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|Title:||Geneticization in MIM/OMIM®? Exploring historic and epistemic drivers of contemporary understandings of genetic disease|
|Other Titles:||Geneticization in MIM/OMIM(R)? Exploring historic and epistemic drivers of contemporary understandings of genetic disease|
|Citation:||Journal of Medicine and Philosophy, 2017; 42(4):367-384|
|Publisher:||Oxford University Press|
|Rachel A. Ankeny|
|Abstract:||Prior to the genomic sequencing era, the bible for those working in clinical genetics was McKusick's Mendelian Inheritance in Man (MIM), which appeared in multiple editions between the 1960s and the late 1990s. This catalogue was organized according to general patterns of inheritance and focused on phenotypes. Beginning in the mid-1980s, it was replaced by Online Mendelian Inheritance in Man (OMIM®), a continuously updated catalogue documenting molecular relationships between genetic variation and phenotypic expression. This paper explores this resource's evolution with attention to how disease is distinguished from clinically irrelevant variation and how phenotypic similarities are captured in cases where there is no obvious genotypic association. It is argued that hybrid compromises are encoded into OMIM®; in addition to serving its key original purpose of being a diagnostic catalogue, it also began to record detectable variations in the genome even if they were not known to be associated with phenotypically visible disorders or even phenotypic variations. Although the impacts of geneticization have been well recognized, particularly in popular media, this example allows exploration of some of the historic, epistemic, and methodological causes that underlie tendencies toward disease geneticization in contemporary medicine, while highlighting that such gene-focused strategies may in fact be warranted in some contexts.|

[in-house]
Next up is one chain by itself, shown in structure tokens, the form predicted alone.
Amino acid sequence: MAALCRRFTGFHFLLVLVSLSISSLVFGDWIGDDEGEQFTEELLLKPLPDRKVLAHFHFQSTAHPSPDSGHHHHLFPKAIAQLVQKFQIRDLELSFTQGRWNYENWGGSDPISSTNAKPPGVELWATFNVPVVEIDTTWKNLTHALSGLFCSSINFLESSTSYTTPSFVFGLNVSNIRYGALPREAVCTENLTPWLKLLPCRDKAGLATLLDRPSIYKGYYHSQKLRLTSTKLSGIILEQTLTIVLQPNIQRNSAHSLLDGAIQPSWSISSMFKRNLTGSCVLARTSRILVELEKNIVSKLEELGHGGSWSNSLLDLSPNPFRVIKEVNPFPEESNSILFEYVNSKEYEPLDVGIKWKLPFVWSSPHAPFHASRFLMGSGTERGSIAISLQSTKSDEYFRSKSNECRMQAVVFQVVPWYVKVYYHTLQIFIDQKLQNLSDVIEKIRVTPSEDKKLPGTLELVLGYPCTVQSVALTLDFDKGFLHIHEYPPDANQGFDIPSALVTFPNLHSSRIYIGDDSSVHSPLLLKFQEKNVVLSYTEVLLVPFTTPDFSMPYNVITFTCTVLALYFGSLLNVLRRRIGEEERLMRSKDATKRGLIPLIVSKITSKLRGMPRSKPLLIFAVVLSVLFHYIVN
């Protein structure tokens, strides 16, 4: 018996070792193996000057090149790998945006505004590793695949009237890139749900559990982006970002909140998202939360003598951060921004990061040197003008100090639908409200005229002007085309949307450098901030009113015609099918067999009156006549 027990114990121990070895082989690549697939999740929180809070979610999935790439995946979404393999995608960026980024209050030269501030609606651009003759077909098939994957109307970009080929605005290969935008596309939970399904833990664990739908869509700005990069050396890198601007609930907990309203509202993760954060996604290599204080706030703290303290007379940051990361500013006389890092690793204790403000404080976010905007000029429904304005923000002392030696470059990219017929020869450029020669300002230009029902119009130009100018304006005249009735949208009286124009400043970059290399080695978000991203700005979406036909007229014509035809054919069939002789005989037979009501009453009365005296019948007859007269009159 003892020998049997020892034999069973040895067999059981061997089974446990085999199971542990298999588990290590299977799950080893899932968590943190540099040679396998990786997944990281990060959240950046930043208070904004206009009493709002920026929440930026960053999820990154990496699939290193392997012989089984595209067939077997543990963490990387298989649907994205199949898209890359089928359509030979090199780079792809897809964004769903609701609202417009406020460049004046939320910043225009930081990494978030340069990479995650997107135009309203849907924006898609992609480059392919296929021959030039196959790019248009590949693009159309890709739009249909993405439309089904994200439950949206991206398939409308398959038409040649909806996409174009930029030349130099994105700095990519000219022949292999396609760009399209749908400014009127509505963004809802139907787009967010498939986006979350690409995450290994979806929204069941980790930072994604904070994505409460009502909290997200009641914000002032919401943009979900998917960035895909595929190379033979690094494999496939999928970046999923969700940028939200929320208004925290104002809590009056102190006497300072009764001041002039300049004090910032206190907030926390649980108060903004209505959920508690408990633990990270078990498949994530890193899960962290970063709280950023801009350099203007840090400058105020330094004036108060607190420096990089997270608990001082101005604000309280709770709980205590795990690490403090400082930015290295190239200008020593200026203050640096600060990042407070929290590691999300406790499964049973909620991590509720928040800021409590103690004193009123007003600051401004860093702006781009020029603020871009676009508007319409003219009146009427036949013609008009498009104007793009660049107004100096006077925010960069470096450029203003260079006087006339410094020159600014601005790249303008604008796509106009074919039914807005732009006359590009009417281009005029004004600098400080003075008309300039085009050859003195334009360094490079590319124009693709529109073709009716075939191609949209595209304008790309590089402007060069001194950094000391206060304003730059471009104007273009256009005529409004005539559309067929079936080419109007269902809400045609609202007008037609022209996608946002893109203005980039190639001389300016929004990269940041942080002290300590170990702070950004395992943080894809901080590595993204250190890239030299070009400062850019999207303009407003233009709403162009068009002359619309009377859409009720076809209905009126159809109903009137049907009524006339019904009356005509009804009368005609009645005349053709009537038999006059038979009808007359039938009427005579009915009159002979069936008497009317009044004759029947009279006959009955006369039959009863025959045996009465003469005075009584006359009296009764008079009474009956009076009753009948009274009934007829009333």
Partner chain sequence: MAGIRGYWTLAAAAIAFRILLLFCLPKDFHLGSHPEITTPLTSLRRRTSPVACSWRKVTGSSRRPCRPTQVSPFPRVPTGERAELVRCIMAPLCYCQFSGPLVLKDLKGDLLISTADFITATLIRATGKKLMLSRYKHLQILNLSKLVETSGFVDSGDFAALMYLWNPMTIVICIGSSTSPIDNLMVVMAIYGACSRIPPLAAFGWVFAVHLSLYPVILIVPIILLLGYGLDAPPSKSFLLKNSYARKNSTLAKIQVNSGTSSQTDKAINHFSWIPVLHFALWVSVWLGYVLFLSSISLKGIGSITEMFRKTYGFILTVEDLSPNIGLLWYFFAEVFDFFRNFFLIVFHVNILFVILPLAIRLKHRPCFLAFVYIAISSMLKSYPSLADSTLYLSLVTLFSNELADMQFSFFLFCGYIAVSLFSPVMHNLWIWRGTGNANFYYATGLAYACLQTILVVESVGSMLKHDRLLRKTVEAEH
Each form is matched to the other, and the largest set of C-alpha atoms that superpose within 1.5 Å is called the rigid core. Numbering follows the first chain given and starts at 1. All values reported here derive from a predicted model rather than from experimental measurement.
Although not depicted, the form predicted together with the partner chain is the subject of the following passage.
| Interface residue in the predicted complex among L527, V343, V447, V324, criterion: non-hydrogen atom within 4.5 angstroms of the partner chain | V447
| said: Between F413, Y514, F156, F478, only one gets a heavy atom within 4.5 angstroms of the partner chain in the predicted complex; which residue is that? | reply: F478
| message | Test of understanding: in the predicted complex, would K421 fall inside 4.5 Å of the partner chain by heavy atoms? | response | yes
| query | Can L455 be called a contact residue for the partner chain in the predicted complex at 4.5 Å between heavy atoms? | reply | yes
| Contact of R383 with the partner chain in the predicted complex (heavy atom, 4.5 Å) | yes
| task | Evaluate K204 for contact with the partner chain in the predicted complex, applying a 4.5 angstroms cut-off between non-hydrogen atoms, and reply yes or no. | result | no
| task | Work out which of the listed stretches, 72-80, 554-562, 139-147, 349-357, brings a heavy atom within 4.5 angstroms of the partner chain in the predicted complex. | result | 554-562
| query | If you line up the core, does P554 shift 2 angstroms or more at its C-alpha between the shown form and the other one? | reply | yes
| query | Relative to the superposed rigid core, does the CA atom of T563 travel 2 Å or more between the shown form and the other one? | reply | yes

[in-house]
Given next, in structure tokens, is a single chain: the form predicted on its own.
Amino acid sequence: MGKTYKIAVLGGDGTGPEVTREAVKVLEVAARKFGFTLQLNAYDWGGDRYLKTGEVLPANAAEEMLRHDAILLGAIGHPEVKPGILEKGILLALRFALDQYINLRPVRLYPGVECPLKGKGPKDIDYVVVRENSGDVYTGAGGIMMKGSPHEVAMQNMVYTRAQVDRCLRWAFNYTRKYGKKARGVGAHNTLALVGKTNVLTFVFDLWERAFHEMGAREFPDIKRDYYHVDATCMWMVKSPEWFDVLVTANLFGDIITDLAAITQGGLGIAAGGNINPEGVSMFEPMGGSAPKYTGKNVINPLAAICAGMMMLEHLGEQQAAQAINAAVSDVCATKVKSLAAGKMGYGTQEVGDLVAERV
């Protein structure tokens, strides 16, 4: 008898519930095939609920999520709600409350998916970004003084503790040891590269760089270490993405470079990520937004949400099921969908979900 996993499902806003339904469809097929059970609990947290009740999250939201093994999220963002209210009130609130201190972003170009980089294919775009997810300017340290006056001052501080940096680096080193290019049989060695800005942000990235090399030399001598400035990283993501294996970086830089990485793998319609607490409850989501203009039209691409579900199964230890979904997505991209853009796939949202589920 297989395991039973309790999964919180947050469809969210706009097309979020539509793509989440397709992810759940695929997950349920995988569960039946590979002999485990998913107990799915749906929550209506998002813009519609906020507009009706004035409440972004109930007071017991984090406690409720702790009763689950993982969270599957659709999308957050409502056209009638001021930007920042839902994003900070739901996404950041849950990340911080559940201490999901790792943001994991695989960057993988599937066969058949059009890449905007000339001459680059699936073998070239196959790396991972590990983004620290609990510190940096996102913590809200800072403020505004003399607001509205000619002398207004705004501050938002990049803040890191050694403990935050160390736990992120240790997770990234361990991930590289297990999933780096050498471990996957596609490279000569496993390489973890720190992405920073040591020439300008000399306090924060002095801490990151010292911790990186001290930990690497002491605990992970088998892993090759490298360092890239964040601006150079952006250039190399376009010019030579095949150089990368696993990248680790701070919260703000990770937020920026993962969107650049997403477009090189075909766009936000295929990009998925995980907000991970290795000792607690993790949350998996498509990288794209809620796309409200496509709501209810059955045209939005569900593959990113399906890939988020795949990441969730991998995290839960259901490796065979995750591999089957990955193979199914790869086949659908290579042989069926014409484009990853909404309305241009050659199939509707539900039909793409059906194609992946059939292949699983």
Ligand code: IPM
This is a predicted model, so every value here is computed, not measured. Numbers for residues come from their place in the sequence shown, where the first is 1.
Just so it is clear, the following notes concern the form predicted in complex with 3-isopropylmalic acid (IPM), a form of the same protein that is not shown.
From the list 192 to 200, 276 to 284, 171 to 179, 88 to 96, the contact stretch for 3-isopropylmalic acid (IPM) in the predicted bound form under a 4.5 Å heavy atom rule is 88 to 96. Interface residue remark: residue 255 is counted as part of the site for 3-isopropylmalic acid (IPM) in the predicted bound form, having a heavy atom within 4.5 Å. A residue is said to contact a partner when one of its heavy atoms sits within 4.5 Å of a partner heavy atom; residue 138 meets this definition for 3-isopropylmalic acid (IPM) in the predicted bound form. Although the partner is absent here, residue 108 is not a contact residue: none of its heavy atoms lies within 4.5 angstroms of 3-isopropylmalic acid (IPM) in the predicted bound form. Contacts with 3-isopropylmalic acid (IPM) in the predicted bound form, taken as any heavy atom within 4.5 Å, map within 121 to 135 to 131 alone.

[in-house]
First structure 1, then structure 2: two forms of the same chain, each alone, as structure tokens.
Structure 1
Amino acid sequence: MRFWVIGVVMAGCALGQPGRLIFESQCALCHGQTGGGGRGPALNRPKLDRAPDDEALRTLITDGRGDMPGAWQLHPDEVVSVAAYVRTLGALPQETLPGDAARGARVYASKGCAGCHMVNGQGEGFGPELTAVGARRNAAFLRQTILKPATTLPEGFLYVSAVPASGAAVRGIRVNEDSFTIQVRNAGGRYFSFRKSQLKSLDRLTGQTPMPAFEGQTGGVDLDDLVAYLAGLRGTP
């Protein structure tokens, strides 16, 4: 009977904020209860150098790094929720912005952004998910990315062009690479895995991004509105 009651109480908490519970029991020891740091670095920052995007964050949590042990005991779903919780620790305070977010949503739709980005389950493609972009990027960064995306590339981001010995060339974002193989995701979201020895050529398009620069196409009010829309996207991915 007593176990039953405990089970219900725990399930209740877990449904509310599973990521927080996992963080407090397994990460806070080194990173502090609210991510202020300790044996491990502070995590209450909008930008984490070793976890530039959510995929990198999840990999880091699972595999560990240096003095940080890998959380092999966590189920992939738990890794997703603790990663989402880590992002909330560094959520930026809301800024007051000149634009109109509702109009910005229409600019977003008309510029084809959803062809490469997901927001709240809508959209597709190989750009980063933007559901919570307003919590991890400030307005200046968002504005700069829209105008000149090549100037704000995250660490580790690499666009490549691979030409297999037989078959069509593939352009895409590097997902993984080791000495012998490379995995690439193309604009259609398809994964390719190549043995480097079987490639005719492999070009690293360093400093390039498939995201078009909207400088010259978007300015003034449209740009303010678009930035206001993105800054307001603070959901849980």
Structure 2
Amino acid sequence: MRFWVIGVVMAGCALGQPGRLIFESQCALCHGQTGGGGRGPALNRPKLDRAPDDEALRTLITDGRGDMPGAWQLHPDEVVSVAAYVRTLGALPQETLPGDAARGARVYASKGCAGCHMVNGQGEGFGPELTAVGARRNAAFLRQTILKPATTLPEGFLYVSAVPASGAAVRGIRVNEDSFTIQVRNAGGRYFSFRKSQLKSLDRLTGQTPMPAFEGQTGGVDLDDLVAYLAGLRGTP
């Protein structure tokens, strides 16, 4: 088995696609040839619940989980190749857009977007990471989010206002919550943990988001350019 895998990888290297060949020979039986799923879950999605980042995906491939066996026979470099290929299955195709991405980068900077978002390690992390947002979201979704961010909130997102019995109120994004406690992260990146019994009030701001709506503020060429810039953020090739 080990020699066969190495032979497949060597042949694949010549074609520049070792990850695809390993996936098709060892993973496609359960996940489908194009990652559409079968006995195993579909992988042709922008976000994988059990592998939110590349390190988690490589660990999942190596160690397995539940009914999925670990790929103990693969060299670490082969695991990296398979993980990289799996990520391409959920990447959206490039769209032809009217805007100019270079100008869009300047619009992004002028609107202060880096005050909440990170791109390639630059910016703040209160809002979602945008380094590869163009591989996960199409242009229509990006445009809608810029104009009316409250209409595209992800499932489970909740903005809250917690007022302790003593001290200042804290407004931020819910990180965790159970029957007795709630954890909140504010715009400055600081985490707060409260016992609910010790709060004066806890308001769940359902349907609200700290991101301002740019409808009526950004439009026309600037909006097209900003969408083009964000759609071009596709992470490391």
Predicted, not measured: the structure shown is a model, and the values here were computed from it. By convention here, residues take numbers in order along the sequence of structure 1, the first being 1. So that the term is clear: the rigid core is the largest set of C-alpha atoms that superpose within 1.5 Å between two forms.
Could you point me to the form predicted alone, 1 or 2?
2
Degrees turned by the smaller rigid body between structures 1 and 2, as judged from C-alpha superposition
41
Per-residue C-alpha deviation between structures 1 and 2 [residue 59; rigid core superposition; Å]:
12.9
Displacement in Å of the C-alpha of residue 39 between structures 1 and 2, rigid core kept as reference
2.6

|Keywords:||Clinical genetics; disease; geneticization; genetic variation; Victor McKusick|
|Rights:||© The Author 2017. Published by Oxford University Press, on behalf of the Journal of Medicine and Philosophy Inc. All rights reserved. For permissions, please e-mail: email@example.com|
|Appears in Collections:||Psychology publications|
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